Is Botox Mom the Most Recent Example of Yellow Journalism In America?

Yellow Journalism: alive and well in the U.S. of A.

Maybe this is old news to you, but I’m a little behind the curve on non-political new, so it’s news to me: the “Botox Mom” story was a hoax.

Thank you, Yellow Journalism for putting fake news front and center.

You heard about it on ‘Good Morning, America,’ ‘Inside Edition,’ and, if you live locally in Utah, even from KSL’s Carole Mikita.

Yep. A hoax.

The mom (hereinafter “Botox Mom”) who was administering Botox to her daughter in order to keep her looking young, was paid $200 by British Tabloid The Sun to make it up.

“I was provided with the story, instructions, and a script to follow for a recorded interview.” She made $200. “The truth is I have never given my daughter Botox, nor allowed her to get any type of waxing, nor is she a beauty pageant contestant.”

'The Sun,' a tabloid not unlike the 'Enquirer,' broke the Botox Mom "story."

Er….um. Yeah. I’m speechless. Having your child taken away by state child protection officials for $200? Either Botox Mom is really cheap, or dumb, or…both?

Well, actually, Botox mom made a little more money than that. TMZ reports that  ‘Good Morning America‘ might have paid as much as $10,000 in connection with the story. No word on what or if ‘Inside Edition’ paid out, too. I can only guess that the media made even more. I have no doubt they made more than they did reporting on the battle over the federal budget or on Obama’s speech about returning Israel to 1967.

As early as March (well before the above story on KSL), BellaSugar was already crying fowl, after noting that even the source of the story ought to give us pause–The Sun, a British tabloid with questionable integrity that is reporting on a San Francisco story none of the local papers had heard of:

Then, there’s scarce evidence that the little girl and mother exist as they’re presented in the story. The pair, who are called Kerry and Britney Campbell in the piece, have almost no online footprint. The California Board of Barbering and Cosmetology has no record of a Kerry Campbell, and there isn’t anyone with a similar name licensed in the San Francisco area. […]

And if Britney is competing in Bay Area beauty pageants, she should probably show up somewhere on their websites, but I checked several and found nothing. Nanette Mathias of California’s Our Little Miss organization also told me that its pageants don’t allow girls to compete if they’re using adult treatments like Botox and waxing.

That post was in March. This was in May: “KSL: Too young for beauty treatments? Mom gives Botox to 8-year-old.”

So, let me just ask: why did the KSL, ABC, and every other reporter on this one swallow this story up, hook, line, and sinker, without checking it first? Even after others were questioning its veracity?

But more important (to me), why is this even news? Aren’t there more important and consequential things going on in the world than this?

Ken over at Popehat says it’s all about money:  people will get outraged about somethings, but not others, including “lies by politicians that require more than two sentences to explain[,] corruption of a sort that cannot be understood by a five-year-old[,] and political leaders making stupid decisions that cannot be described at a sitcom level (e.g. “Ha! He totally choked on a pretzel!”)”

There are plenty of genuinely outrageous things going on in America, and in the world, that we ought to be outraged about and that the media ought to focus on. But those things tend to be uncomfortable, controversial, complicated, and difficult and/or expensive to cover. Why spend $50,000 on a long-term investigation of government corruption when you can spend $10,000 to get some jackass to tell the world she Botoxed her eight-year-old, and get ten times the eyeballs that the corruption story would have gotten?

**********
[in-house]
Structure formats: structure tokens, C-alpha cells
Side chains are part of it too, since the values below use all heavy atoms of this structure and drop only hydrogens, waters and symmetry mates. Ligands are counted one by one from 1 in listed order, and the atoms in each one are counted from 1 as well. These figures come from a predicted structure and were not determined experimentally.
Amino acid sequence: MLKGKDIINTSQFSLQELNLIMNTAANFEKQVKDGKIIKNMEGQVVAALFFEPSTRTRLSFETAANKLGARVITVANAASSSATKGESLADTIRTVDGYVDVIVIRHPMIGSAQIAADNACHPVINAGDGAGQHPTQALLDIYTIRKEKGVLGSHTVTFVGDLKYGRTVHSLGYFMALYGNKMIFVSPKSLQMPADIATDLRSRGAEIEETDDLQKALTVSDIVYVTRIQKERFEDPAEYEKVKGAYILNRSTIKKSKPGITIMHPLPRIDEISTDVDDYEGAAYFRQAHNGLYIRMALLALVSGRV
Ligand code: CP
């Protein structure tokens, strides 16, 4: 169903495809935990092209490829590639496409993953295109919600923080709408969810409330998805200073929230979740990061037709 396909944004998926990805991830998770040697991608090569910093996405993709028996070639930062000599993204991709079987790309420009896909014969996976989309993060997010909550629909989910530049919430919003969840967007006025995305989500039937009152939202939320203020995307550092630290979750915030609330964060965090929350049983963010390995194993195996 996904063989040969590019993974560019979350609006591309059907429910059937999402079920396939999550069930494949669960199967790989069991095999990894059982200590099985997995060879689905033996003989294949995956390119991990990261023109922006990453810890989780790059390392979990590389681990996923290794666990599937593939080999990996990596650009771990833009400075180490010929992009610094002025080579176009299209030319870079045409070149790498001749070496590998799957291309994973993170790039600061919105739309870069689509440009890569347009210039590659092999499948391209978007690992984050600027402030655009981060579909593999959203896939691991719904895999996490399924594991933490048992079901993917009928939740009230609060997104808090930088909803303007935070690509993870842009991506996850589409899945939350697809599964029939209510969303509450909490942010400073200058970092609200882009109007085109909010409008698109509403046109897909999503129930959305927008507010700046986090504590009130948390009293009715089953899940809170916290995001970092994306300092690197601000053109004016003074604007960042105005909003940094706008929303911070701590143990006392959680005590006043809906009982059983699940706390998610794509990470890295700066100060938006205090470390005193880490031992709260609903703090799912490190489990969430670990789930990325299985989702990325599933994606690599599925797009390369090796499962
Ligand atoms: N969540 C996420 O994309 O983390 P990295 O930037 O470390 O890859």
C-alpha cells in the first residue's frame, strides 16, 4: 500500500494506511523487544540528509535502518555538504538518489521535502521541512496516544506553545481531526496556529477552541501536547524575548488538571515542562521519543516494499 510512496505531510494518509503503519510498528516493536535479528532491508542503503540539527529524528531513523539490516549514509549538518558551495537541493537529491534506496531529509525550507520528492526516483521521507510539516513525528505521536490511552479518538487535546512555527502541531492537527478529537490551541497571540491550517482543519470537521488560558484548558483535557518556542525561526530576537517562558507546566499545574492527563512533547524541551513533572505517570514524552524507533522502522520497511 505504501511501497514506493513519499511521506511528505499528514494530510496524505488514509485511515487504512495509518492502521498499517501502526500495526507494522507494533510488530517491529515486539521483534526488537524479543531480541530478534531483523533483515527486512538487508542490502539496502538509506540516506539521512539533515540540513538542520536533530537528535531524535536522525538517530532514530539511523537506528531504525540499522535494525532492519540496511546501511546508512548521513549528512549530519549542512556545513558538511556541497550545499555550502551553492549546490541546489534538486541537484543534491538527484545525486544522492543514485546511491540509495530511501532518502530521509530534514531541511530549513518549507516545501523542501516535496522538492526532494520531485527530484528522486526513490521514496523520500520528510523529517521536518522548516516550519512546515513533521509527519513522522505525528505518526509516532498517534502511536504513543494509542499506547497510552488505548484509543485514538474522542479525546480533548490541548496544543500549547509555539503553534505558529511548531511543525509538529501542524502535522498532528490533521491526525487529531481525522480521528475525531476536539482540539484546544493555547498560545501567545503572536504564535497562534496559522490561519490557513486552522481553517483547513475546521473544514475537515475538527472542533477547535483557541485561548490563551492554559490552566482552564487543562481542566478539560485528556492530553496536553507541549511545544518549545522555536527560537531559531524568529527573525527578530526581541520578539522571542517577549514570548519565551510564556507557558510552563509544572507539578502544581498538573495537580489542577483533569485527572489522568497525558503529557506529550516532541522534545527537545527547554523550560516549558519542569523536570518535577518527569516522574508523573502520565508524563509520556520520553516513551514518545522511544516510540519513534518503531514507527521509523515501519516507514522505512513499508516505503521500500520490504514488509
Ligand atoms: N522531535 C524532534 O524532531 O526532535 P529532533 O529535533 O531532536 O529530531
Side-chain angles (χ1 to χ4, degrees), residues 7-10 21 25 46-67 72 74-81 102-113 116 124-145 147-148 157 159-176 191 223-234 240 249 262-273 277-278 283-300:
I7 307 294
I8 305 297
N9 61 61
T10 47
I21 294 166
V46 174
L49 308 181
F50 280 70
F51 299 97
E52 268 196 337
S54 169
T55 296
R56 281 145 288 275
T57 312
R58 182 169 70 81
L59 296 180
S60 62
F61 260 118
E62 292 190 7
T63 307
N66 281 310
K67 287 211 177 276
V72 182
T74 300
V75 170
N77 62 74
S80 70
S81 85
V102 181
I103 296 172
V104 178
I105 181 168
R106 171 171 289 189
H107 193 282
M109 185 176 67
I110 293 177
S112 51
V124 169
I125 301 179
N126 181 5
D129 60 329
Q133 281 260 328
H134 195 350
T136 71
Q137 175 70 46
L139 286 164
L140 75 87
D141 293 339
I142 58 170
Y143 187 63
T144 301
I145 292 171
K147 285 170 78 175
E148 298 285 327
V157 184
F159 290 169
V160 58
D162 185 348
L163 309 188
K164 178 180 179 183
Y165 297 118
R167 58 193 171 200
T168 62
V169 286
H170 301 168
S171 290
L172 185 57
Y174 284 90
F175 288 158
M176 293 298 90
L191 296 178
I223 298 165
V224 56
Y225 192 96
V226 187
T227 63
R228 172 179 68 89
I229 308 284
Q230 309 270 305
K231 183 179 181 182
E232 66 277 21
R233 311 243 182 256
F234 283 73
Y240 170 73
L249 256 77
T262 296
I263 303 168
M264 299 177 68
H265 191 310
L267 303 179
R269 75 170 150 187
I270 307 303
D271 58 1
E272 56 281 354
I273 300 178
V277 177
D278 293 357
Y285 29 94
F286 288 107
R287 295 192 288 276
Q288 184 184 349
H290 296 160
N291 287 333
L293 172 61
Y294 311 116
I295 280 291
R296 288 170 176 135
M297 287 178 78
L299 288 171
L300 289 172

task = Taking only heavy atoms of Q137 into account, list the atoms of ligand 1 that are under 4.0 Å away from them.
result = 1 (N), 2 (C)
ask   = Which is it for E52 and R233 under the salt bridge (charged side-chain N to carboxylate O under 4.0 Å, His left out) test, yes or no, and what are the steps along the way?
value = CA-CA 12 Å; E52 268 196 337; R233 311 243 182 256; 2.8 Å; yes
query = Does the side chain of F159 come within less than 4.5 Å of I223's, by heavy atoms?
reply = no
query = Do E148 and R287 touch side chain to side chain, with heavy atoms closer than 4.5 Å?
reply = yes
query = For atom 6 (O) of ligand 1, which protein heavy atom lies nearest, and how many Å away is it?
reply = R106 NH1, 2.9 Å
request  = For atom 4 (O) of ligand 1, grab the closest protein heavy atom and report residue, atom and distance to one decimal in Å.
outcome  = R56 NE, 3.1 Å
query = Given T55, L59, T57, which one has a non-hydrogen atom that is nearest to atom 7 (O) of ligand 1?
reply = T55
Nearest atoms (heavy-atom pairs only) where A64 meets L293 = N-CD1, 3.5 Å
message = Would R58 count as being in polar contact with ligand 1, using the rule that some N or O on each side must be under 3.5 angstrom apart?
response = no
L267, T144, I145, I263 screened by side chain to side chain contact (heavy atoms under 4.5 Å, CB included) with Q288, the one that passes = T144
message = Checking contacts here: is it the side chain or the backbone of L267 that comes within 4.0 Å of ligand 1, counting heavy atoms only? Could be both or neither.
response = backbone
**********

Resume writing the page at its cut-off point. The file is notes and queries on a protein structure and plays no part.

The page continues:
Emphasis added. As if it was needed…

For example, President Bush’s gaffs got a lot of play while he was in office…

…but a budget plan that tightens the belt does not.

It’s boring, it’s complicated, and it just doesn’t “sell papers” the way a good scandal does. It requires numbers and math and things that require effort to report. And did I mention it’s boring?

Sensational journalism makes  more money and that’s why it gets more time, and effort, than difficult, consequential reporting and analysis.

This isn’t first time. Remember the Balloon Boy? Or Geraldo’s look into Al Capone’s empty vault?

I don’t think we, the masses, are as stupid, ignorant, or incapable as the media acts like we are. On the other hand, we aren’t doing a ton to change their perceptions. As long as we watch what they program, they’ll keep programming it.  If we tune in to hear about the Botox Mom, there will be other Botox moms who will game the system, news outlets that will put the Botox moms at the top of the hour, and reporters who will pay $10,000 for pictures of the Botox moms and not Google the story’s facts .

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2 responses to “Is Botox Mom the Most Recent Example of Yellow Journalism In America?

  1. Craig Christiansen

    These kinds of stories drive me crazy. It is sad that our major news outlets are becoming more and more about celebrity lives, and less and less about the issues that impact ours. Great post.

  2. I can’t help but wonder if our news is becoming “more” about celebrity and sensationalism, or if it is just that we’re noticing it more when there are egregious mistakes like this one. Either way, it does little more than entertain (not that entertainment itself is wrong…I’m just saying.)

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